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Philanthropist provides $10 million gift to Graduate Engineering Leadership Program

With new support, program looks to expand on its mission of developing exceptional engineering leaders of the future.
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Photo of Anantha Chandrakasan shaking hands with Daniel Riccio, both seated at a table and smiling for the camera
Caption:
Dean Anantha Chandrakasan (left) shakes hands with Daniel Riccio at a gift-signing ceremony. Riccio has donated $10 million to expand MIT’s Graduate Engineering Leadership Program.
Credits:
Photo: Justin Knight

Daniel J. Riccio, an advisory board member for the School of Engineering’s Undergraduate Engineering Leadership Program, has made a gift of $10 million to expand MIT’s Graduate Engineering Leadership Program, which will be renamed in recognition of the support. The gift will allow the program to grow and sustain its operations for years to come and was first announced by Riccio and the School of Engineering during a meeting of program supporters on Oct. 5.

The Daniel J. Riccio Graduate Engineering Leadership Program (GradEL) aims to build on the engineering education that graduate students receive, helping to foster leadership capabilities and developing engineers who can inspire and guide teams throughout their careers. “Those types of skills are essential to successful engineers,” says Riccio, vice president of engineering at Apple.

“It is true not just of Apple but of many innovative companies that we are not limited by ideas or by money — rather, we are limited by having enough effective engineering leaders to bring complex innovative products to market,” says Riccio. “This is a problem that is widely acknowledged. I want to do something about it. That is why I’m willing to invest my time, my energy, and my money in this program.”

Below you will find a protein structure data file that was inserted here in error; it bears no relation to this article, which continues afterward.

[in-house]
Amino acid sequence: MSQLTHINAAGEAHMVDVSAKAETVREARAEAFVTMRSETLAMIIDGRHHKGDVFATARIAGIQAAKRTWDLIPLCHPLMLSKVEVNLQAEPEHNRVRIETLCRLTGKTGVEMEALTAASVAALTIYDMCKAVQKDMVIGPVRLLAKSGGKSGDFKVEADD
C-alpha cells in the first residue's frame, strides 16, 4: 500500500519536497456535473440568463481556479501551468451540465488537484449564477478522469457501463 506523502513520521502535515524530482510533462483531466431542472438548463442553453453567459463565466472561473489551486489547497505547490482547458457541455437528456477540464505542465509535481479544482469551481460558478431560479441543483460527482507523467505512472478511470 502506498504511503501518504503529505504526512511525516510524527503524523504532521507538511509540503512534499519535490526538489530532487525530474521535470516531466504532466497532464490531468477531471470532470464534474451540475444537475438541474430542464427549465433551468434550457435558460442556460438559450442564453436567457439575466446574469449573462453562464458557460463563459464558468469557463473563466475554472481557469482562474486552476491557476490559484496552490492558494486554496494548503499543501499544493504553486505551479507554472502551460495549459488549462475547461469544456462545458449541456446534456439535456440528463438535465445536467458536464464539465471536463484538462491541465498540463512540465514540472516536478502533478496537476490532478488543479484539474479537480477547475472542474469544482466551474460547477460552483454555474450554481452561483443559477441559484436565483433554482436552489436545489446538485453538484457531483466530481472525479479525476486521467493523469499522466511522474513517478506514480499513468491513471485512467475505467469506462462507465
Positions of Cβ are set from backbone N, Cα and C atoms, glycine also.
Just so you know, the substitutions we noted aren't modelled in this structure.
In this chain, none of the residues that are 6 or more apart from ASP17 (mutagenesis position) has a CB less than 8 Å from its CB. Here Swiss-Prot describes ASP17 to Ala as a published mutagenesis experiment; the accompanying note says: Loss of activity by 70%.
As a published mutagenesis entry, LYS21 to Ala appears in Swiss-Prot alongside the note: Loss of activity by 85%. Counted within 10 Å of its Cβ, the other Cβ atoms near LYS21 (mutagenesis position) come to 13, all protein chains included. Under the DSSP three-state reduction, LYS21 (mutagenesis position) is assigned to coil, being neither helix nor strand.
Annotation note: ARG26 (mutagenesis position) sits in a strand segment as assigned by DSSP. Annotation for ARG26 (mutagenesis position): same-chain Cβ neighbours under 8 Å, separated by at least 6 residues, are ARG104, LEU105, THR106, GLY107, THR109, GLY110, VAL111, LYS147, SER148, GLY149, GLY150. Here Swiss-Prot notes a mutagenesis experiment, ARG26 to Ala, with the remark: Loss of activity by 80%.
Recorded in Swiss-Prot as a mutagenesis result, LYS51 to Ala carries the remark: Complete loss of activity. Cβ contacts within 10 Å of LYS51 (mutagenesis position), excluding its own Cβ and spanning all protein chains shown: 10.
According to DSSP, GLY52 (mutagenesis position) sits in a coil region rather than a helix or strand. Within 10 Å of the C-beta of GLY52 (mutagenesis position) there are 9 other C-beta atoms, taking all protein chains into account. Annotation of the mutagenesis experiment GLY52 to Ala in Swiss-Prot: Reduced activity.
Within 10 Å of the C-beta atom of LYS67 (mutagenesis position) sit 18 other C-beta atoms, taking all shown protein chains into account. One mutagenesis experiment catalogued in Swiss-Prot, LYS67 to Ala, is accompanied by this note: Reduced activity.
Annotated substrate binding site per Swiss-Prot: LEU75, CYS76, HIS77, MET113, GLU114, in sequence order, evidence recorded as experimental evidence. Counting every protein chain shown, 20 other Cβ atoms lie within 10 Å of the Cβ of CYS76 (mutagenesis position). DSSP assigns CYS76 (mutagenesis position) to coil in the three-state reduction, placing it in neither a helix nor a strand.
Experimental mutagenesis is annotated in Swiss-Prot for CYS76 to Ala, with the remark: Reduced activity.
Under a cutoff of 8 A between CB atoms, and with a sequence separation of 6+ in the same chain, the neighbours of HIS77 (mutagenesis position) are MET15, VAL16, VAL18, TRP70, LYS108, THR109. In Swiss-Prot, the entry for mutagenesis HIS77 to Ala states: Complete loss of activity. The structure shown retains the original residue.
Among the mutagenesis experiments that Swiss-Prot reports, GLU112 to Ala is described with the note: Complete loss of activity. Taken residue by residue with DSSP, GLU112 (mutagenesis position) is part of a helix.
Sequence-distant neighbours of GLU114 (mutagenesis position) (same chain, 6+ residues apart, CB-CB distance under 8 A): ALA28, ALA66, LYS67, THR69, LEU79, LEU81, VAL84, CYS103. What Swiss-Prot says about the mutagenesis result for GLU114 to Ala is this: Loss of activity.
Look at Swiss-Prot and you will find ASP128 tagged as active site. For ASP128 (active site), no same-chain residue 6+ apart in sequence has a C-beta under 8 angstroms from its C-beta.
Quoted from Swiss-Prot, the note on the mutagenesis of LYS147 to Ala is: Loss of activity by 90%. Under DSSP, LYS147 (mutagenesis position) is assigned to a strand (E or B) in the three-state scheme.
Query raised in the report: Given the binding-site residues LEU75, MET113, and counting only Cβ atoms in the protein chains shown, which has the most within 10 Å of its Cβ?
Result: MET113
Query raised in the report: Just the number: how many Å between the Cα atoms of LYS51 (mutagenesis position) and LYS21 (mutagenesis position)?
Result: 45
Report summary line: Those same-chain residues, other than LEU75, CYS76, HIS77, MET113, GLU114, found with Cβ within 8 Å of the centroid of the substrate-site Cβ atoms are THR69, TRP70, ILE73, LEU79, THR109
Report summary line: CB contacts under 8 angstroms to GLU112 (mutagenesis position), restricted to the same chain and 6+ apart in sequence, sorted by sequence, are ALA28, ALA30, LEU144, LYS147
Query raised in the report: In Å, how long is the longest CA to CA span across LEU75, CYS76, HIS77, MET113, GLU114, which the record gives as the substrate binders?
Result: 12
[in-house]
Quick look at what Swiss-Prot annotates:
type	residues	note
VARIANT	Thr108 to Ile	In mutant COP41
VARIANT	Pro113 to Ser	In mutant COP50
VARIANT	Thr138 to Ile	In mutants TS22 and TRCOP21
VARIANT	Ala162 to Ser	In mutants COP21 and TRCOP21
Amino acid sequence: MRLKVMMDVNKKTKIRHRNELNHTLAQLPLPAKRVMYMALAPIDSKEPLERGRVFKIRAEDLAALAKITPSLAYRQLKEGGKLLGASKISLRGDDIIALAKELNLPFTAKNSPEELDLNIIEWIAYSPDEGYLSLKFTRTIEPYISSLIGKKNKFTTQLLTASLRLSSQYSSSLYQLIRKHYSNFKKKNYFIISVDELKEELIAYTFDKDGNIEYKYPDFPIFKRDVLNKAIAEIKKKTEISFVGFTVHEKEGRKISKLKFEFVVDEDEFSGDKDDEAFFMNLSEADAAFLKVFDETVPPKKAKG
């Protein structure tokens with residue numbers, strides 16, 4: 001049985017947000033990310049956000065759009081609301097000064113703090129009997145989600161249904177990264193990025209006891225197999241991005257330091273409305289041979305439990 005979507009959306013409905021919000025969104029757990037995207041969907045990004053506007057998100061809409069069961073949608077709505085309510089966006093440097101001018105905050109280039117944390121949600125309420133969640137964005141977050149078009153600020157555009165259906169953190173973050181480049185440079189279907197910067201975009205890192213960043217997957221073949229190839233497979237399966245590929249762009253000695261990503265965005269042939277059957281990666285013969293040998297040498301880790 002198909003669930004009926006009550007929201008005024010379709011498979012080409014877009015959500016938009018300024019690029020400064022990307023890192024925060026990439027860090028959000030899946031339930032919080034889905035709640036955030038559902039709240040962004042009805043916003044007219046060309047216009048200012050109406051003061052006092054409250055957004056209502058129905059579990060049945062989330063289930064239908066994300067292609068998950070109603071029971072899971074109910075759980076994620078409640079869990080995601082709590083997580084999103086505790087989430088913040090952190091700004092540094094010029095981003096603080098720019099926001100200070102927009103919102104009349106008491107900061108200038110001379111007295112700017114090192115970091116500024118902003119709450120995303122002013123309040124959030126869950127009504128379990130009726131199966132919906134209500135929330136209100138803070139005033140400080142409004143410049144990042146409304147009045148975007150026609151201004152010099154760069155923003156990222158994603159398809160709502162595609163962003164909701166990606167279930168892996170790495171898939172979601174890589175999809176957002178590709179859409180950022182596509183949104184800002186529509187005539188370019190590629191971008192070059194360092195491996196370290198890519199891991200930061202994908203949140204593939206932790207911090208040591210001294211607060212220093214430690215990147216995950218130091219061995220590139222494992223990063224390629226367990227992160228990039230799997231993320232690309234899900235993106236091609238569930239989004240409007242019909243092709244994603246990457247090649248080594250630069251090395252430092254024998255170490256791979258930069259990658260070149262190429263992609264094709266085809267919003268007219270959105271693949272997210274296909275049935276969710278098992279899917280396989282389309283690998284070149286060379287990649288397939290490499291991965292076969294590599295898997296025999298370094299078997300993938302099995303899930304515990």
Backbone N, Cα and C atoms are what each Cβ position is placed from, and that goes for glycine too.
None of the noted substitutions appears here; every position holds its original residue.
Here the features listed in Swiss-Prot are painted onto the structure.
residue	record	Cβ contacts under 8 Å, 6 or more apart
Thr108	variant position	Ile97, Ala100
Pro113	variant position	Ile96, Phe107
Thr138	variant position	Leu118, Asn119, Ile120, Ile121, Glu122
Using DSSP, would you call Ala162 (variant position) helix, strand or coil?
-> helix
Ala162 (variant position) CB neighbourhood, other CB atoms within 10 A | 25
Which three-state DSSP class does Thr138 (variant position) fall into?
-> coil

MIT established the undergraduate-focused Gordon-MIT Engineering Leadership Program (GEL) in 2007, which serves around 150 students each year. Due to the success of that program, the School of Engineering launched GradEL four years ago. With the guidance and support of GradSAGE — a group of graduate students that advises the School of Engineering and helps to set priorities — GradEL grew from one class into a series of classes and workshops that culminate in a graduate certificate in technical leadership. Like the undergraduate program, the graduate program aims to help students grow into leaders within engineering to propel their careers forward and increase their impact.

“I am extremely grateful for this gift and excited about the potential it provides to the future of GradEL,” says Anantha Chandrakasan, dean of the School of Engineering and Vannevar Bush Professor of Electrical Engineering and Computer Science. “With this generous donation, the program is well-supported in its continued efforts to develop potential engineering leaders of the future.”

“The gift from Daniel Riccio will allow the graduate program to grow from a ‘scrappy startup’ to the type of sustainable program that characterizes the longer-running undergraduate program,” adds Reza Rahaman, the Bernard M. Gordon industry co-director and senior lecturer. The program will invest in relationships with industry to develop externship opportunities for students, build out curriculum, and market and promote the program to bring in more student participants.